- Salik: Since 01 July 2007, RTA has been managing the Salik traffic toll system. The tolls have remained moderately priced and unchanged since the system's implementation.
Key Road Projects Completed
- Business Bay Crossing, which features 13 lanes, was the first major project completed by RTA, opening in 2007.
- Al Garhoud Bridge is a 14-lane bridge standing 15 metres high.
- The Infinity Bridge, stands out for its design, with a 42-metre-high arch symbolising the infinity sign. It spans 295 metres, comprises 12 lanes, and includes a 3-metre-wide cycling track.
- Expansion of Al Maktoum Bridge, increasing its capacity to 11 lanes.
- Al Shindagha Corridor Improvement Project, which involved developing 15 intersections over a 13-km stretch, costing AED 5.3 billion.
- Al Khawaneej Corridor Improvement Project, which included four intersections on Al Khawaneej Road, notably featuring a 680-metre-long tunnel with three lanes in each direction and a 201-metre bridge over Emirates Road towards Al Awir.
- Tripoli Corridor Project, spanning 12 km, was implemented to connect Sheikh Mohammed bin Zayed and Emirates Roads, accommodating 12,000 vehicles per hour in both directions.
- Dubai-Al Ain Road Improvement Project, which encompassed six major intersections, with bridges and slopes totalling 11,500 metres, expanding the road from three to six lanes over 17 km. The bridges' capacity is over 36,000 vehicles per hour, while the road handles 24,000 vehicles per hour in each direction.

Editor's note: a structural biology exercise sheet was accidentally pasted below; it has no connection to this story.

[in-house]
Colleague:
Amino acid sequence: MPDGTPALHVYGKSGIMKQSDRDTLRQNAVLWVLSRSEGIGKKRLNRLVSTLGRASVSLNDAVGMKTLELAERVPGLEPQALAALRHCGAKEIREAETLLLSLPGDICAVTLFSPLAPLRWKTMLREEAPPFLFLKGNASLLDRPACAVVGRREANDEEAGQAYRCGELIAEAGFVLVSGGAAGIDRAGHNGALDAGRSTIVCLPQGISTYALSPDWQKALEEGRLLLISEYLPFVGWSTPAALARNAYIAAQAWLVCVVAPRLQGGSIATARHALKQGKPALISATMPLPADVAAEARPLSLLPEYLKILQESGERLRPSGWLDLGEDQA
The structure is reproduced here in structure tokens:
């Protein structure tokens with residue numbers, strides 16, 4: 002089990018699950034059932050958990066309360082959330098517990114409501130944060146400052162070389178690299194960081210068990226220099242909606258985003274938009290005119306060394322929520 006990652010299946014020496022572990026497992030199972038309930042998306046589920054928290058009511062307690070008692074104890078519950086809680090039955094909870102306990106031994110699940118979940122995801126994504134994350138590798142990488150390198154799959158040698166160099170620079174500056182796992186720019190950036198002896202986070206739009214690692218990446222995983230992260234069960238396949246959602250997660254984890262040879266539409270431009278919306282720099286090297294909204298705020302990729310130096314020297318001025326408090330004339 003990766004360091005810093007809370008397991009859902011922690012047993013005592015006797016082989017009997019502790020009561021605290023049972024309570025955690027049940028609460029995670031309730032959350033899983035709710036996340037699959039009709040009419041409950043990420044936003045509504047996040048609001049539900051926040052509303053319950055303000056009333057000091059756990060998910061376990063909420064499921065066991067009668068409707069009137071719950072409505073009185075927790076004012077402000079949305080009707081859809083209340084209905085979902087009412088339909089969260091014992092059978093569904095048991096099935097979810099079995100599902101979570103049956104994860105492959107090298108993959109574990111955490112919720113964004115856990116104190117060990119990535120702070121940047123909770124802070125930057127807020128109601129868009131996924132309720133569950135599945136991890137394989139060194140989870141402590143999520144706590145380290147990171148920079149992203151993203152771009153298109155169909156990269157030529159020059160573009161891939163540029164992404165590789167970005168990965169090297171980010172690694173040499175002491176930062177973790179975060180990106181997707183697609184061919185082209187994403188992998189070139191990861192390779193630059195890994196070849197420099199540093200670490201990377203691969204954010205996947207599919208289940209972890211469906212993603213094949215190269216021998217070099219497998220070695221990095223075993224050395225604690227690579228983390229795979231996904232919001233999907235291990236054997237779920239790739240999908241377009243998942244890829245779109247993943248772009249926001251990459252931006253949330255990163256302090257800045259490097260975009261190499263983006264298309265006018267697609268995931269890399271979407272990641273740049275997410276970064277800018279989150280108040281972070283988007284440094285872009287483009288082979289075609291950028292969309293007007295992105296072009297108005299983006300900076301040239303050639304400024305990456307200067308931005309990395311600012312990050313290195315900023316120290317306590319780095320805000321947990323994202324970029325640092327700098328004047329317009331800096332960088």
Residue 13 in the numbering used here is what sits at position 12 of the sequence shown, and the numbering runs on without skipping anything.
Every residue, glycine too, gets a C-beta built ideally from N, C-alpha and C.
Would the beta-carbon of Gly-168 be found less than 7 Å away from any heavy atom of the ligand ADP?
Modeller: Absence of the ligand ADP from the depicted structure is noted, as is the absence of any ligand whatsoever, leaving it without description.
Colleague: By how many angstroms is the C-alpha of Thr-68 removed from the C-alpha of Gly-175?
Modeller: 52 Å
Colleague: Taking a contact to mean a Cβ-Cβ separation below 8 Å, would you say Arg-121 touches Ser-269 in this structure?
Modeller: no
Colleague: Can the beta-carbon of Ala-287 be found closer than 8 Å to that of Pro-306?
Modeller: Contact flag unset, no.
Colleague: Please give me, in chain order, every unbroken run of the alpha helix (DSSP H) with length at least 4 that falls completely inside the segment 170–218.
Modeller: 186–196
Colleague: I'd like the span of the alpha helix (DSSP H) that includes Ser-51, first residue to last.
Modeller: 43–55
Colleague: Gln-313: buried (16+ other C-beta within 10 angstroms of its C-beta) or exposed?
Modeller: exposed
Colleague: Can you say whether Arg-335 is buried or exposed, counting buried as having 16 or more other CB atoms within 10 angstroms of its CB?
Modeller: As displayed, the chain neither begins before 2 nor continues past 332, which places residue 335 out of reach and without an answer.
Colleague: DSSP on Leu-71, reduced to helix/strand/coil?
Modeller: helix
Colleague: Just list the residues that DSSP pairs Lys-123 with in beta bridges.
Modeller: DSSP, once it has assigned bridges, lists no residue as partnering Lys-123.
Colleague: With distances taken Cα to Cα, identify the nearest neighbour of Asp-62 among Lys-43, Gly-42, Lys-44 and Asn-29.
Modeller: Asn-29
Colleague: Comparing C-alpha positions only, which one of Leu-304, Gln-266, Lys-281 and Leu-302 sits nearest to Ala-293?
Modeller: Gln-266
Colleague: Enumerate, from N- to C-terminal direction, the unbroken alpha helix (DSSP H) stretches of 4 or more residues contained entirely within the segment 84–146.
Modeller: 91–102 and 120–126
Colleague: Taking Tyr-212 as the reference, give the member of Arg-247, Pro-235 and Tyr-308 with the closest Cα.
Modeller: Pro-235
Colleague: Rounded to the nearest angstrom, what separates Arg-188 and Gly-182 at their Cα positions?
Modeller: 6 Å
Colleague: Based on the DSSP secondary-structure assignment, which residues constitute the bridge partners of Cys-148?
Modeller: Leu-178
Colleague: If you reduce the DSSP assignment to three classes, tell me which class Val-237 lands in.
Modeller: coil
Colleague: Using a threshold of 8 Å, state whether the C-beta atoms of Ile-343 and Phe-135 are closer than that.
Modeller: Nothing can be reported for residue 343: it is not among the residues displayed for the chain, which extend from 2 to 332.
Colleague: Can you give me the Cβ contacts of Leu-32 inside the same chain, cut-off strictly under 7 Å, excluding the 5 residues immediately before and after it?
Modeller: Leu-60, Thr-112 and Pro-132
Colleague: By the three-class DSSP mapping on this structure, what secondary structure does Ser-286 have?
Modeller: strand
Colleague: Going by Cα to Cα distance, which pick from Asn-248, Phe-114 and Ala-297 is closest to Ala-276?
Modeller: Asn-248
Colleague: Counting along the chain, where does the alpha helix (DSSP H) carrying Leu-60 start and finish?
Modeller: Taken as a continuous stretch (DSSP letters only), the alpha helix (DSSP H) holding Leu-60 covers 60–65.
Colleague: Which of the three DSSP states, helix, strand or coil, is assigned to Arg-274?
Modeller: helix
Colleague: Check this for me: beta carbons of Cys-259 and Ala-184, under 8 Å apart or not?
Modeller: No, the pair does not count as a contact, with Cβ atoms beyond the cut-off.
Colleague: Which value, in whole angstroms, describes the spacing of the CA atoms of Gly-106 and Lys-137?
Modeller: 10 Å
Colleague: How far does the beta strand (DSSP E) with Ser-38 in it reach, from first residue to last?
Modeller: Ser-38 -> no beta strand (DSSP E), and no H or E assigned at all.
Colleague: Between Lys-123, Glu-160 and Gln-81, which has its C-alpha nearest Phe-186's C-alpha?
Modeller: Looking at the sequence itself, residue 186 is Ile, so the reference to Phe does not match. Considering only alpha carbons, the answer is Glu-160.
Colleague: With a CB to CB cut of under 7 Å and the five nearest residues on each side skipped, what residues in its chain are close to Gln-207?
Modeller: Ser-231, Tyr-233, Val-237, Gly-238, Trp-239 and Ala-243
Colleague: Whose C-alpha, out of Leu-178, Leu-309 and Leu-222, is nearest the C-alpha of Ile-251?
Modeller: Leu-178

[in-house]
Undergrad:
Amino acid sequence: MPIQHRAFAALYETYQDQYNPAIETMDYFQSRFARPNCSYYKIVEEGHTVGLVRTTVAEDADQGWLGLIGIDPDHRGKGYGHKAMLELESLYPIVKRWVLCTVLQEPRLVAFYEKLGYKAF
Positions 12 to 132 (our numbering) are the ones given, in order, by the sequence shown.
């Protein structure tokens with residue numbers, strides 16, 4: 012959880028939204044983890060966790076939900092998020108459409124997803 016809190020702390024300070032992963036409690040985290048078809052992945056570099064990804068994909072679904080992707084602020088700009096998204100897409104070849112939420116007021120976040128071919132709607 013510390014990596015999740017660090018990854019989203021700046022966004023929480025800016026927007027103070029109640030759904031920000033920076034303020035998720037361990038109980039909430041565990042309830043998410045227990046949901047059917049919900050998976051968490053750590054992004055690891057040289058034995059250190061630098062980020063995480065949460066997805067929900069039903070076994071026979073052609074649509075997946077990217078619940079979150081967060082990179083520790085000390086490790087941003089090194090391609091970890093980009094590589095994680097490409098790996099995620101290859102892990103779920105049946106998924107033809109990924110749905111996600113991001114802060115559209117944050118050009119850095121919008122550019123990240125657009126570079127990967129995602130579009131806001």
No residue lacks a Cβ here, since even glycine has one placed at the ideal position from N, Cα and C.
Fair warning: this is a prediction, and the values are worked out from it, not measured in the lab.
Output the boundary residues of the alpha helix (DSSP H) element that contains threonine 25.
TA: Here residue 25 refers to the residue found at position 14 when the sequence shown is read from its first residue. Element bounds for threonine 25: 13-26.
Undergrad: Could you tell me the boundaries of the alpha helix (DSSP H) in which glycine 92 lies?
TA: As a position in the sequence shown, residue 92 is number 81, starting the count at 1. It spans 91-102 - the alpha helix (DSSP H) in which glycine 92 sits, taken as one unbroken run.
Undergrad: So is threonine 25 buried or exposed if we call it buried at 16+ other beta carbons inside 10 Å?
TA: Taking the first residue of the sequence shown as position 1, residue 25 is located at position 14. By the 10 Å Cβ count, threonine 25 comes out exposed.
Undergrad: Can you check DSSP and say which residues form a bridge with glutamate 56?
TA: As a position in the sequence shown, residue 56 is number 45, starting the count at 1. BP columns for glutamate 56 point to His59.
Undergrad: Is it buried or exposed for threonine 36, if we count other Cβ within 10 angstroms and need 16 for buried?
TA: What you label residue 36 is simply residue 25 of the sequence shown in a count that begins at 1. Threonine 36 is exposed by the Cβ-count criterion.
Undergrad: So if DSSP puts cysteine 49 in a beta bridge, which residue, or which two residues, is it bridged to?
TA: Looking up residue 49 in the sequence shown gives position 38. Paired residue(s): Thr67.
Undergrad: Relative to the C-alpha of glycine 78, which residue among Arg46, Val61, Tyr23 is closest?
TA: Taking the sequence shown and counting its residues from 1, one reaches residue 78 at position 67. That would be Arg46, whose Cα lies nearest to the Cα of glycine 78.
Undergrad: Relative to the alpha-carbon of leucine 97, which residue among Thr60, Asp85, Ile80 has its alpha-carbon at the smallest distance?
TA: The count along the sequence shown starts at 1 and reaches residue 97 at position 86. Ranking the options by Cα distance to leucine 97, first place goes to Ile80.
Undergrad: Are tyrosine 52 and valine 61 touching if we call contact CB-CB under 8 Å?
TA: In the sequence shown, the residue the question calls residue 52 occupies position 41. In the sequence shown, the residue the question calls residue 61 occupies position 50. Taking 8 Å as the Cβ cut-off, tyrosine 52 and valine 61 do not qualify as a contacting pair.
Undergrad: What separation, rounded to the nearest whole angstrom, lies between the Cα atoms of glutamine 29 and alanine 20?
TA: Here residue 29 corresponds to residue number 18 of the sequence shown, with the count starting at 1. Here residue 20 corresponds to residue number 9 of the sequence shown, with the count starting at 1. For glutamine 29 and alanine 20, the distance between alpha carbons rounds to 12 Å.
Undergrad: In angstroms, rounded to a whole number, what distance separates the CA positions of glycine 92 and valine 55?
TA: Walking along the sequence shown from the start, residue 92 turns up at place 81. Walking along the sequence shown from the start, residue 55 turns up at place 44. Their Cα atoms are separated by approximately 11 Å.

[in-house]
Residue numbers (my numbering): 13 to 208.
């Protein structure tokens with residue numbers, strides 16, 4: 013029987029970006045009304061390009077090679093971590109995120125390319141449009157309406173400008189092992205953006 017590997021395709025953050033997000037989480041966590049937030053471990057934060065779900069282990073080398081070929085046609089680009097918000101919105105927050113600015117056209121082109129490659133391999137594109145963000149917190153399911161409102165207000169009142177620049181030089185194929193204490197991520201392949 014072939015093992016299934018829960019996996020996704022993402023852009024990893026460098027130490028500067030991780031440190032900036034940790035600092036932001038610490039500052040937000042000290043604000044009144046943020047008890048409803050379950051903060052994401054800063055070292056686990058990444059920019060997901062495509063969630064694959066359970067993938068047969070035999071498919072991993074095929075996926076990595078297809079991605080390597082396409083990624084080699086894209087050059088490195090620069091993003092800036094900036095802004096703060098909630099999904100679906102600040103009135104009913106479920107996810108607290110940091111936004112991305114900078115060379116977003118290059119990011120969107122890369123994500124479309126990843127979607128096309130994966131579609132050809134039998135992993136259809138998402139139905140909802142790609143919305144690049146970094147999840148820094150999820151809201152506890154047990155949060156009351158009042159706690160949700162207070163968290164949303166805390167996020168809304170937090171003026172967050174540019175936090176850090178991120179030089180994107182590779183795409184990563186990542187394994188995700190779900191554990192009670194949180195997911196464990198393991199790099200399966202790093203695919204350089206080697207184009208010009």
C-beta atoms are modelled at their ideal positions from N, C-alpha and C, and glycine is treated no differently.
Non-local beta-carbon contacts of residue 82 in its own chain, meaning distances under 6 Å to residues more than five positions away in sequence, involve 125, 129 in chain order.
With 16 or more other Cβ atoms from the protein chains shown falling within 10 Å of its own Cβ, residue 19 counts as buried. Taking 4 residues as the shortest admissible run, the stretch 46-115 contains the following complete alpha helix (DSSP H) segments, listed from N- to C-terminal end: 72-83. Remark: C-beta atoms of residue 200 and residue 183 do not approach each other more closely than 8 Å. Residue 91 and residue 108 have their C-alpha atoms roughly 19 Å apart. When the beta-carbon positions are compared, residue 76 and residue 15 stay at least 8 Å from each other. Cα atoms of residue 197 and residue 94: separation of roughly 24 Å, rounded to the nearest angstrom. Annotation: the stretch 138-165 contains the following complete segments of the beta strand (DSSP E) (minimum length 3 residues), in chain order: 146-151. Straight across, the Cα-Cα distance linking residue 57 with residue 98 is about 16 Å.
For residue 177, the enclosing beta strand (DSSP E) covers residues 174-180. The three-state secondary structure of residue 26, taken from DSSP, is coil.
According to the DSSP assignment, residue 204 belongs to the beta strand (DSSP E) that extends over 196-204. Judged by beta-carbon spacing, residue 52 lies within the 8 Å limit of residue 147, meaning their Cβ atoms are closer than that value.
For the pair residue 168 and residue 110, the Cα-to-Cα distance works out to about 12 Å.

- Sheikh Rashid bin Saeed Corridor Improvement Project, which was developed by constructing bridges stretching 2 km and expanding Ras Al Khor Street from four to six lanes in each direction over 8 km, increasing the capacity from 8,000 to 12,000 vehicles per hour.
- Roads and Bridges Leading to Expo Site, which included construction of roads spanning 138 lane-kilometres, improvement of 9 intersections with 64 bridges over 13 km, and five tunnels stretching 450 metres.
- The First Interchange on Sheikh Zayed Road, Dubai's largest interchange features bridges extending over 3 km.
- Arabian Ranches Intersection, which features bridges measuring 2.4 km in length.
- Sheikh Mohammed bin Zayed Road Widening Project, which involved expanding from three to six lanes in each direction, supporting an estimated 24,000 vehicles per hour in both directions.
- Emirates Road Widening Project, spanning 72 km, the road was expanded to accommodate six lanes in each direction.